Jewish World Review March 8, 2004 / 15 Adar, 5764
If CEOs supersized values ...
McDonald's is ditching its most gluttonous portions of French fries and drinks as it faces growing criticism that its menu is fueling the bulging of America.
New York Daily News, March 4
Yikes! McDonald's going goody-goody? Doing the right thing? Putting the welfare of its customers first? Just how does that make the rest of corporate America look?
Panicked at being left behind on the new corporate responsibility front, companies across America are reacting fast and furiously to the burger chain's goody-two-shoes turnaround.
In a hastily organized press conference, Virginia-based Philip Morris announced today that it would begin phasing out the smokable items that had long been considered its "signature" products.
"This is in no way a response to all those pesky lawsuits filed on behalf of dead people," said company spokesman Jamie Drogan, interrupting himself to hock a loogie. "We simply think the time has come to concentrate on our other areas of strength, like wicker baskets woven from tobacco plants and an exciting new line of disposable tobacco-leaf fans."
Elsewhere, Sprint execs summoned business reporters to announce that, starting at 6 o'clock tonight, all Sprint telephone solicitors will refrain from calling would-be customers and asking them to switch long-distance service.
"From now on, when a Sprint representative calls, it will only be to say hi and perhaps share a joke or an inspirational thought," said Sprint spokeswoman Candice Bergen. "It was never our intent to interrupt anyone's dinner or, heaven forfend, make them reconsider their phone service. I hope America understands that."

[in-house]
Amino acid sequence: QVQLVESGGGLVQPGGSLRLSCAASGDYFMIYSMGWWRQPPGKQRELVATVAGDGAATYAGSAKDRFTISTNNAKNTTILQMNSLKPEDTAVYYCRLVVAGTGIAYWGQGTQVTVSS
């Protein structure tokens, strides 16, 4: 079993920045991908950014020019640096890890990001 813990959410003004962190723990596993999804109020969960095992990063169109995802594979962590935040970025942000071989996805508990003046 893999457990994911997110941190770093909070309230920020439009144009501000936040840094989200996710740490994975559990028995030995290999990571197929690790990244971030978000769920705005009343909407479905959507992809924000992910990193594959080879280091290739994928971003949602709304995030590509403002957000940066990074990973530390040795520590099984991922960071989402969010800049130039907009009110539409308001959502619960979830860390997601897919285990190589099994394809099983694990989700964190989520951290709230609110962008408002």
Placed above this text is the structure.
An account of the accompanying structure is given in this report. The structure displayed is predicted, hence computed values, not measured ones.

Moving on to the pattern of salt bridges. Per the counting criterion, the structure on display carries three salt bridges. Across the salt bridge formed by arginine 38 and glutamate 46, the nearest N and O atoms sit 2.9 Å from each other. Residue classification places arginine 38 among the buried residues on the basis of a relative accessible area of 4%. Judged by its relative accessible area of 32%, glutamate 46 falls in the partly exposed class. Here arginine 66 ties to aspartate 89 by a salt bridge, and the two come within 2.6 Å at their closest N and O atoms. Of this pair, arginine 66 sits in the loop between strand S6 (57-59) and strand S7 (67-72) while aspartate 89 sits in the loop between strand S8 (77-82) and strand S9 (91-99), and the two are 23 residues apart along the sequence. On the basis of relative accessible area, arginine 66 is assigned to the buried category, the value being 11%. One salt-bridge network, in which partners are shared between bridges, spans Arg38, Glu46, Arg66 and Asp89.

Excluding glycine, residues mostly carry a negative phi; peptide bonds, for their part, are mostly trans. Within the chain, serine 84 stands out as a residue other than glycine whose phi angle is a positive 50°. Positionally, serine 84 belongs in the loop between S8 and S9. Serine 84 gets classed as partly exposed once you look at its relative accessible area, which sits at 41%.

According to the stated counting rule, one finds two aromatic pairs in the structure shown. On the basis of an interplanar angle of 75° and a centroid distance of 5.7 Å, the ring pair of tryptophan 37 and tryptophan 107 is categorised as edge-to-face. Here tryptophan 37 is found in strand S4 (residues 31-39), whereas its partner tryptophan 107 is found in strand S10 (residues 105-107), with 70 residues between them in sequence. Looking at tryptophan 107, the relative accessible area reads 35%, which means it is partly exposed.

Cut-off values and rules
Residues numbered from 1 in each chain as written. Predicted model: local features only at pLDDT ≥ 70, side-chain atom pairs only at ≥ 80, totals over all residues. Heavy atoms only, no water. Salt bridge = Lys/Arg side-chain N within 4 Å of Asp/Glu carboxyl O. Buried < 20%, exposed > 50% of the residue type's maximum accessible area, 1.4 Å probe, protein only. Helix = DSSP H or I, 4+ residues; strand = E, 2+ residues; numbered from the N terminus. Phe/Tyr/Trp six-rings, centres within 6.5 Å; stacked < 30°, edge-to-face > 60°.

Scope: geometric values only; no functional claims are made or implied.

Over at General Electric, former CEO Jack Welch was spotted dragging a Hoover to the banks of the Hudson, vowing to "vacuum this darn river until it sparkles. After all, that's my job, right? Make the environment a little better than I found it? I think of myself as a sort of Ray Kroc for the river."
Meanwhile, in a surprise appearance at the North Shore Lincoln Mercury showroom in Port Jefferson, L.I., Ford CEO Alex Trotman hoisted a sledgehammer over his head and ran helter-skelter at a 2004 Explorer. "Aiieeee! Who needs a car this size? Nobody!" he shrieked, whacking the windshield. "It's stupid!" He whacked the sunroof. "A waste!" He whacked the door. "I spit on this gas guzzling monstrosity!" He buried the sledgehammer in the driver's seat, causing the air bag to explode as several dozen dealers whooped and popped the champagne.
The sound of champagne corks reminded a visiting Budweiser distributor of the beer he had yet to deliver to the minimart down the road. "No way!" cried the Bud employee, running out to his truck with a blowtorch. "I know that plenty of kids are expecting their older brothers to buy them this Bud tonight and then get drunk, throw up or, worse, drive. I've got news for them!" he shouted, aiming the flame at his gas tank. "This Bud's not for you!"
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